Sunday, May 13, 2018

Happy Mother’s Day [to me]

A few weeks ago, smack in the middle of the semester, I found myself in the Emergency Room for the first time since I was three years old (that time I lied to my mother about “swallowing a needle”—yeah, that didn’t end well). I was about halfway through the first trimester of my pregnancy when all of a sudden one evening I had a massive discharge. Brooks and I rushed to the ER. I didn’t want to jump to conclusions but I was also terrified of what might have happened to our baby. I remember sitting in the waiting room while Brooks was on the phone with his parents and thinking, “I just want my mom.” I think every daughter (and child) can relate. In the most terrifying, painful moments of our lives, we just want our mothers. I know that has been true for me. Even as a married woman and a now-expectant mother, there are so many times when I just want my mother and so many more times that I am thankful for her presence in my life. 

My mother is the strongest person I know. She has survived so much, and more than that, she has thrived under the most trying circumstances. I like to think of my mother as a healer. She is not the kind of person who necessarily makes you feel nice or good about yourself all the time. However, she is the kind of person who is not satisfied with treating symptoms while the underlying issue goes unaddressed. Whether it’s physical or emotional pain, she fights until she gets to the root of the problem. In the past, this has meant spending hours researching genetic disorders at the university library and going through doctor after doctor until she got the right diagnosis for her son. It has meant overturning her lifestyle, her diet, and some of her ideals in order to find healing for herself. She is not afraid to put her finger on the throbbing source of pain, whether that’s her own pain, my pain, or the pain of social injustice. She’s not satisfied with Band-Aids and cheap patchwork. She’s not satisfied with putting on a smile and a stiff upper lip when inside she’s suffering. If she has to uproot her entire life, execute complete demolition, and start building from the ground up again, so be it. She will. 

She doesn’t need the validation of the world or anyone else to go forward confidently in her convictions and make the decisions that are right and good for her.

My mother is one of my best friends, a fierce woman I aspire to. She is not a perfect woman. She has never pretended to be. Her flaws often speak for themselves and she’s not afraid to own them. She knows they don’t define her. She knows WHO defines her and she goes forward confidently in that assurance.

She has taught me so much about being independent, being brave, and being confident in my own skin. She never forced me or my siblings into a box. She always trusted (and she still does) that we would figure things out on our own. Sometimes this meant tough love and letting me make my own mistakes, trusting that I would learn from them.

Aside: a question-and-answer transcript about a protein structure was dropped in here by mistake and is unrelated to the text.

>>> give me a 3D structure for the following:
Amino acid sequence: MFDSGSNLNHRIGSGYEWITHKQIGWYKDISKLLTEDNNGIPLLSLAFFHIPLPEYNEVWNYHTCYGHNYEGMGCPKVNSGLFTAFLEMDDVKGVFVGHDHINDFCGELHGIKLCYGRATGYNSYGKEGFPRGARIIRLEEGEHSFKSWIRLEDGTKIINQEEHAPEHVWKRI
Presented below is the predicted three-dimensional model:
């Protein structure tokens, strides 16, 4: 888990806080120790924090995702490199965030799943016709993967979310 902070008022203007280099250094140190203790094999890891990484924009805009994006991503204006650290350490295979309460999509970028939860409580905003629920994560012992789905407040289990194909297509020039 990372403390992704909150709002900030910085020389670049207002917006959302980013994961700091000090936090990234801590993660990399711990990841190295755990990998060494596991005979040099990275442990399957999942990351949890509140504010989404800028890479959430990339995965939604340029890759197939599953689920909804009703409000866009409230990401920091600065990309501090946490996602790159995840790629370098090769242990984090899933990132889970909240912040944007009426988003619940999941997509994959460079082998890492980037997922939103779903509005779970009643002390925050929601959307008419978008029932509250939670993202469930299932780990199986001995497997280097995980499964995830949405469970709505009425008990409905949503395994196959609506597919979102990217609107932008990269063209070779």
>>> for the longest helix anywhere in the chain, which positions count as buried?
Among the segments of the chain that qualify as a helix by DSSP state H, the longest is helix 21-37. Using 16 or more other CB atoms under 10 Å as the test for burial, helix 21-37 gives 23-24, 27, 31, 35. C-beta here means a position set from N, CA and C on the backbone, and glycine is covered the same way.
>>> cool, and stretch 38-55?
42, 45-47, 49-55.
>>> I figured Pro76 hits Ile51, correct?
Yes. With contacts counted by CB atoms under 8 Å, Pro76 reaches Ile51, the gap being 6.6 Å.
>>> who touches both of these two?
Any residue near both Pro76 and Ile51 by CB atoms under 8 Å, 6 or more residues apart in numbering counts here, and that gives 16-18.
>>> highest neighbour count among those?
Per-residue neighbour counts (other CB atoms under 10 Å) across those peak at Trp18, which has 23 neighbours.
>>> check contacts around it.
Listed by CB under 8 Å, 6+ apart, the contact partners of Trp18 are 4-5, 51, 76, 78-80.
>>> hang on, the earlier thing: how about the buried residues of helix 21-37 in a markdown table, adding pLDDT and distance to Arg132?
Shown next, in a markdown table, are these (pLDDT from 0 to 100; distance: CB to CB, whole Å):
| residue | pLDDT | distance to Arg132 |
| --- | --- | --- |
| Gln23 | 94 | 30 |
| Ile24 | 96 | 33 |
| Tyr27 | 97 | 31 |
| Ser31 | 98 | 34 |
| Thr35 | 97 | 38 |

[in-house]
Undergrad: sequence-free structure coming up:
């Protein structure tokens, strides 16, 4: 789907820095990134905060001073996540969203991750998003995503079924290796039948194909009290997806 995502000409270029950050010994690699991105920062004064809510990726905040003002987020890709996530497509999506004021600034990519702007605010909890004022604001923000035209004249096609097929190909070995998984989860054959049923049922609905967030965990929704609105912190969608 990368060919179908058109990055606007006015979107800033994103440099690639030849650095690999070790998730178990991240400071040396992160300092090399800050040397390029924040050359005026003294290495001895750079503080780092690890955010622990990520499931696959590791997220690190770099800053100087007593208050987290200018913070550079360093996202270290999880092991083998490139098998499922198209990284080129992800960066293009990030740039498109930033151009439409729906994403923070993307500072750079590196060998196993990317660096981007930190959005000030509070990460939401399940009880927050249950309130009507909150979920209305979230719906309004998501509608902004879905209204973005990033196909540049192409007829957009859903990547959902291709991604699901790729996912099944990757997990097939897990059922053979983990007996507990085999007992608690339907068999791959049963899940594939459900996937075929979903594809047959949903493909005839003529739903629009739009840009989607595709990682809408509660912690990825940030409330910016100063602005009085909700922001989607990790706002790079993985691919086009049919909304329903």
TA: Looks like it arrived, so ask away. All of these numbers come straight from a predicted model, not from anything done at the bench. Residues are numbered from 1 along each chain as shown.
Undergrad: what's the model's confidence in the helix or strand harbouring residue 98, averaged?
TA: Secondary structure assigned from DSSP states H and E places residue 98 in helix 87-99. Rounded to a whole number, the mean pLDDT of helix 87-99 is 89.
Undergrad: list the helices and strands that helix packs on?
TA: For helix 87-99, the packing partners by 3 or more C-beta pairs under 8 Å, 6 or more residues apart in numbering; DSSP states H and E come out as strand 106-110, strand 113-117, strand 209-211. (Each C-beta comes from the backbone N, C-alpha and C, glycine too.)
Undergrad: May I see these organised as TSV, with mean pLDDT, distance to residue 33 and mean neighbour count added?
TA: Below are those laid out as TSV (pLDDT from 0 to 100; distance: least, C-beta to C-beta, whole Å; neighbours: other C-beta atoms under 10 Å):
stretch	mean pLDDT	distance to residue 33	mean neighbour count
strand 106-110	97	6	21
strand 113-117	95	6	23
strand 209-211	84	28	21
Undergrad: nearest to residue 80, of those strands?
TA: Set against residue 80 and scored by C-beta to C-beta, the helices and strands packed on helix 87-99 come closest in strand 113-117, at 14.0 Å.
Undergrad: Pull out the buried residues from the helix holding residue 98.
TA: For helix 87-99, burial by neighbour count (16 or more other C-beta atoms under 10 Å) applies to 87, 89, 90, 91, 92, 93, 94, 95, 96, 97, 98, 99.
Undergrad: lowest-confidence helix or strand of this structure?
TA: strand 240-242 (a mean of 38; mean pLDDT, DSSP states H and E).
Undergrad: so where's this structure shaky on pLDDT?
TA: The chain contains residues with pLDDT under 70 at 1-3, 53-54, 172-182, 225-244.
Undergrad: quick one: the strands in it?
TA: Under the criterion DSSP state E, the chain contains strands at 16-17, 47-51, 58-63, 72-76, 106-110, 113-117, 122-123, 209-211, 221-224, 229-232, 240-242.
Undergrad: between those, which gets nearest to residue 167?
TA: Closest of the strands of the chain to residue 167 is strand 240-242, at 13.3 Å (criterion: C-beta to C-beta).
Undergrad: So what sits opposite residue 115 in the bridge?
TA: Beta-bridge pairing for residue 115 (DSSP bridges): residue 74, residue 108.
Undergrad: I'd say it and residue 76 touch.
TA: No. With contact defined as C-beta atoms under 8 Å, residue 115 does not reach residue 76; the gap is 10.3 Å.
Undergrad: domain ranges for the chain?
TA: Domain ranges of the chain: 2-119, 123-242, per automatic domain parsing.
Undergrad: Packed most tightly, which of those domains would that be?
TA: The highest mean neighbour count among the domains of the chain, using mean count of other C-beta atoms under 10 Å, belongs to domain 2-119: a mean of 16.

Back in March, my husband and I visited my brother’s cemetery on the anniversary of his birthday. It’s an annual ritual for us. At first, I worried that visiting my brother’s cemetery was like holding onto the past. However, lately I have learned that stopping by his grave every year helps me see how little the past has a hold on me. It's a beautiful contrast to come back to his grave years later, and realize how far I have come from the broken young woman who was first sitting her years ago. 

This year Brooks and I visited the cemetery with the new and happy knowledge of the life of our own baby. My brother’s grave looked different in light of recent events. I saw it through the eyes of a mother losing a baby, parents losing their son. My stomach sank like a brick and I told Brooks, “I can’t imagine losing my baby.” He reiterated my feelings, "I know. It terrifies me." Yet I know so many mothers who have and I don't know how but they continue on like warriors. For the first time I felt the enormous weight of fear and uncertainty that comes with having a child. I can’t imagine the amount of faith and courage it took for my parents to raise all of us and continue life after losing their baby. I can’t imagine the strength it takes for any mama who has lost a baby, whether through a miscarriage or otherwise. And I’m so proud and in awe of the mothers I know who have gone through this loss and come out the other side as conquerors. I hope I can be as brave as you.

We daughters take so much strength and love and encouragement from our mothers. I was so blessed that day in the ER to have the presence of my mother and mother-in-law. As always, I was amazed by the calm and confidence my mother carried herself. This was the same ER she and my father entered only to be told their son had “expired at the scene”. My dear mother has probably lost count of the times she has gone to the ER, what between all of the stitches and staples her children brought on themselves, and then the many scares of a son with a precarious genetic disorder and chronic autoimmune illness. How many times has she had to wonder, “Will my child survive this time?”

That day in the ER turned out to be the first day Brooks and I heard our baby’s heartbeat. Everything was fine. The discharge that scared us turned out to be implantation bleeding and quickly ceased. We followed through on some bloodwork to make sure all my hormone levels and everything looked good. I am well into my second trimester now, under the care of a fantastic physician, and so far baby is still thriving. I look forward to the day when I can feel him kick inside of me and the day we eventually get to meet him (or her). From the ultrasounds, we can tell he certainly loves to dance already!

Baby Carlson (we have affectionately nicknamed him our little Korok—all you legend of Zelda fans will get it!) is due to arrive early November later this year. We can’t wait to meet our baby! 

Happy mother’s day to my mother and my mother-in-law and all of the incredible mothers and mothers-to-be who I have the privilege to know and love. You all are my heroes. Keep fighting the good fight! 

Monday, April 30, 2018

An Eggshell Wedding Dress || My Vintage Wedding Dress